266or four hexadecimal digits, and \verb:[A-Z]{4,}: specifies
267strings of at least 4 consecutive capital letters.
268
269The grep program searches a file for lines containing matches
270to a regular expression using any of the above notations.
271In addition, the pattern elements \verb:^: and \verb:$:
272may be used to match respectively the beginning or the
273end of a line.  In line-based tools such as grep, \verb:.:
274matches any character except newlines; matches cannot extend
275over lines.
276Normally, grep prints all matching
277lines to its output.  However, grep programs typically
278allow a command line flag such as \verb:-c: to specify
279that only a count of matching lines be produced; we use
280this option in our experimental evaluation to focus
281our comparisons on the performance of the underlying matching
282algorithms.
283
284\section{Matching with Bit-Parallel Data Streams}\label{sec:bitwise}
285
286Whereas the traditional approaches to regular expression matching
287using NFAs, DFAs or backtracking all rely on a byte-at-a-time
288processing model, the approach  we introduce in this paper is based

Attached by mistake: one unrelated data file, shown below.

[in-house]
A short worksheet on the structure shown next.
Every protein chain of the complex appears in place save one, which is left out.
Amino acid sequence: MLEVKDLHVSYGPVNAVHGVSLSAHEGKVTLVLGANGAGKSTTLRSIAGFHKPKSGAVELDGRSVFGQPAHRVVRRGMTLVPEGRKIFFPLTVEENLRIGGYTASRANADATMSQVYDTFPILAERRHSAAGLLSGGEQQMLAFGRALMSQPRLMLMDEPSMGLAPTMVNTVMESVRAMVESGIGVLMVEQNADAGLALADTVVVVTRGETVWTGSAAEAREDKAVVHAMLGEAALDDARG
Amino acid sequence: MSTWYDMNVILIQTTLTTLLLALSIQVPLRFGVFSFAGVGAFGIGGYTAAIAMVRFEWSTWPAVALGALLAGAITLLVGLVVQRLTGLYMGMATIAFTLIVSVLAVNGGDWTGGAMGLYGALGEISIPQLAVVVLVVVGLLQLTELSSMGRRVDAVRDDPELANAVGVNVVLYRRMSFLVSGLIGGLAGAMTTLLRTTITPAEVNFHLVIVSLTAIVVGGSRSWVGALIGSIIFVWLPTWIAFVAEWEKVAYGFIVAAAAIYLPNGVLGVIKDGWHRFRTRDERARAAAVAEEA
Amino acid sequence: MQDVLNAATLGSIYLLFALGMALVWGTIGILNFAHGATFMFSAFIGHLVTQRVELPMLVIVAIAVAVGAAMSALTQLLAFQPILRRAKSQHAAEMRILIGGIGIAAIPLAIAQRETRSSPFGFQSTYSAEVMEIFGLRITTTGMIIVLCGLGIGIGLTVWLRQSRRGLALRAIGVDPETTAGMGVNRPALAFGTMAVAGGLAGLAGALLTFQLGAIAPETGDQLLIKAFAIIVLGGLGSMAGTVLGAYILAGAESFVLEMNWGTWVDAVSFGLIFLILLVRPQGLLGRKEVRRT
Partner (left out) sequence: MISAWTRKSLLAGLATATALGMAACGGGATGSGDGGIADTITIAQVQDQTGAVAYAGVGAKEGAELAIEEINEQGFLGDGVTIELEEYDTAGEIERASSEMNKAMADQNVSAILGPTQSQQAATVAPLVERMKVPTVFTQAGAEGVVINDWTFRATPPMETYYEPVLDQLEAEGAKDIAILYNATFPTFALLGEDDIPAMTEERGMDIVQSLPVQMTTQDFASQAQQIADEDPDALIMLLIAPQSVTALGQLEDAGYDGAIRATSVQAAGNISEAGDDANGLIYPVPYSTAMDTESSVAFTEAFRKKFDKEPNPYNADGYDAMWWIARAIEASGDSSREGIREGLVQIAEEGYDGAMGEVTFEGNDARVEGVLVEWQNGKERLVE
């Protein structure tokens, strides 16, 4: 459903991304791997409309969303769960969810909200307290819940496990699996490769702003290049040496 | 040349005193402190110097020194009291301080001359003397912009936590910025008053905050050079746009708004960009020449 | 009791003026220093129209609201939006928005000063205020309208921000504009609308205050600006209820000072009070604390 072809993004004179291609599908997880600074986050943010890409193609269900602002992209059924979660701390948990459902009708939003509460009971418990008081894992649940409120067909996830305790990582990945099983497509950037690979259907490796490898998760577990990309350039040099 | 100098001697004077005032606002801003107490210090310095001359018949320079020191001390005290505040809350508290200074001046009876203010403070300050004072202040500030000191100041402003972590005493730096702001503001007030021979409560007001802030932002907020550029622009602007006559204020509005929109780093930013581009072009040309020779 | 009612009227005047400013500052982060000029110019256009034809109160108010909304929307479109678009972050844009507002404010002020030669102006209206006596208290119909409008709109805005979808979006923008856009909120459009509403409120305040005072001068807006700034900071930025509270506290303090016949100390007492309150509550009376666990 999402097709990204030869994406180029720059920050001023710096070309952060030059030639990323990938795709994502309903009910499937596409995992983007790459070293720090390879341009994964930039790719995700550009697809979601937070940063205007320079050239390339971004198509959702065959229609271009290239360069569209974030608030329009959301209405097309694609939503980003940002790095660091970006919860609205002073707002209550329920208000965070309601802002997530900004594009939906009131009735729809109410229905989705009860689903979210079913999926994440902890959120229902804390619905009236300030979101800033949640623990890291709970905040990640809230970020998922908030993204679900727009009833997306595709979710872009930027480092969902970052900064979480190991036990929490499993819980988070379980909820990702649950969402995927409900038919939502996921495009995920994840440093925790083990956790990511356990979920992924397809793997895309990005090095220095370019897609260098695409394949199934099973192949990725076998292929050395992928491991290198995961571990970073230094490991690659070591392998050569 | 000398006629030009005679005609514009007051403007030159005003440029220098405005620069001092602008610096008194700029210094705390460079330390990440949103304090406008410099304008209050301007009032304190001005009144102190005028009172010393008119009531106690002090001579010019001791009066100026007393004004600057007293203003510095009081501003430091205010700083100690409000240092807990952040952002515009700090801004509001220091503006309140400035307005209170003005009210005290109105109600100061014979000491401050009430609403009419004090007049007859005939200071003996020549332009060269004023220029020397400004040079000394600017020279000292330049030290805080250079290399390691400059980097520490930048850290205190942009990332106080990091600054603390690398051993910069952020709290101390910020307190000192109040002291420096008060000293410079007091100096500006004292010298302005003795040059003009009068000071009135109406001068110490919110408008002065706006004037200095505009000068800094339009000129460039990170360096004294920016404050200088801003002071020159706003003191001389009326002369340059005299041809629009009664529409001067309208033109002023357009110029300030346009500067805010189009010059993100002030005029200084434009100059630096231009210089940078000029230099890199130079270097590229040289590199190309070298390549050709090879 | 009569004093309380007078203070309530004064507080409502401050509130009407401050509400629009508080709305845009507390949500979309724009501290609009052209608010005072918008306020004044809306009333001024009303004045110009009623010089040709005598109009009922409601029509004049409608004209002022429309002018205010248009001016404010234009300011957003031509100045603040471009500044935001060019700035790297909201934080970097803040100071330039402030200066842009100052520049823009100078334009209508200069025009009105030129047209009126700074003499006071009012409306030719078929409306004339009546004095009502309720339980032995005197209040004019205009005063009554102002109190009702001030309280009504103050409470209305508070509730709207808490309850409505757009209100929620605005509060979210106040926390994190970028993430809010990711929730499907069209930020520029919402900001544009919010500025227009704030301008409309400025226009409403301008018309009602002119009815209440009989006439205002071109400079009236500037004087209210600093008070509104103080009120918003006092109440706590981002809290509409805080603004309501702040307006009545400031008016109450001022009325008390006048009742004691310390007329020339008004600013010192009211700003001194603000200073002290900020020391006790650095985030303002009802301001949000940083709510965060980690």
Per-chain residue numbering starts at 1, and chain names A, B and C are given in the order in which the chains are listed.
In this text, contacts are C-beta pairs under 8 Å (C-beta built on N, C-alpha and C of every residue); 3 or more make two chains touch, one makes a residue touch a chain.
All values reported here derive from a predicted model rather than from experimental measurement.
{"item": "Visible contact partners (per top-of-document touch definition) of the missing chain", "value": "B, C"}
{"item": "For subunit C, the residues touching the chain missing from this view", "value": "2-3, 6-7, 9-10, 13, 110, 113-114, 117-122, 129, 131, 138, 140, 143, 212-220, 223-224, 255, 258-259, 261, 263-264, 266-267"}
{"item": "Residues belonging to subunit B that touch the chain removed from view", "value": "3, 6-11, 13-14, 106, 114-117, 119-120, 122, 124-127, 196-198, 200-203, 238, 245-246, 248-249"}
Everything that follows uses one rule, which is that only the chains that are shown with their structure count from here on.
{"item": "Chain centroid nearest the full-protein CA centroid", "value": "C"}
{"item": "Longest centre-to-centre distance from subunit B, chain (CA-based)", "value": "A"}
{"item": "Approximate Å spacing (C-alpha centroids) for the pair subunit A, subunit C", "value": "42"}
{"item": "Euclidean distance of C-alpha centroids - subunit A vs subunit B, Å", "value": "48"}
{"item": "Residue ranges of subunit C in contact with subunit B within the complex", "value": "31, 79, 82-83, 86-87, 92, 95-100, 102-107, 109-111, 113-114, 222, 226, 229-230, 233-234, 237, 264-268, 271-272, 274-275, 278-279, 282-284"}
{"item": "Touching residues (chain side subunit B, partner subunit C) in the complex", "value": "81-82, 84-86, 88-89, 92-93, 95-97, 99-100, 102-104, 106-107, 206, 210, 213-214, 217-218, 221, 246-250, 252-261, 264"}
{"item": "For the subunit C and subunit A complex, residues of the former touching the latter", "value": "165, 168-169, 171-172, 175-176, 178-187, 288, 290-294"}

289on quite a different concept:  a data-parallel approach to simultaneous
290processing of data stream elements.  Indeed, our most abstract model
291is that of unbounded data parallelism: processing all elements of
292the input data stream simultaneously.   In essence, data streams are viewed
293as (very large) integers.   The fundamental operations are bitwise
294logic, stream shifting and long-stream addition.
295
296Depending on the available parallel processing resources, an actual
297implementation may divide an input stream into blocks  and process
298the blocks sequentially.   Within each block  all elements of the
299input stream are processed together, relying on the availability of
300bitwise logic and addition scaled to the block size.   On commodity
301Intel and AMD processors with 128-bit SIMD capabilities (SSE2),
302we typically process input streams 128 bytes at a time.   
303In this
304case, we rely on the Parabix tool chain \cite{lin2012parabix}
305to handle the details of compilation to block-by-block processing.
306On the
307latest processors supporting the 256-bit AVX2 SIMD operations,
308we also use the Parabix tool chain, but substitute a parallelized
309long-stream addition technique to avoid the sequential chaining
310of 4 64-bit additions.
311Our GPGPU implementation uses scripts to modify the output
312of the Parabix tools, effectively dividing the input into blocks
313of 4K bytes.   
314We also have adapted our long-stream addition technique
315to perform 4096-bit additions using 64 threads working in lock-step
316SIMT fashion. 
317 
318\begin{figure}[tbh]
319\begin{center}
320\begin{tabular}{cr}\\
321input data  & \verb`a453z--b3z--az--a12949z--ca22z7--`\\
322$B_7$ & \verb`.................................`\\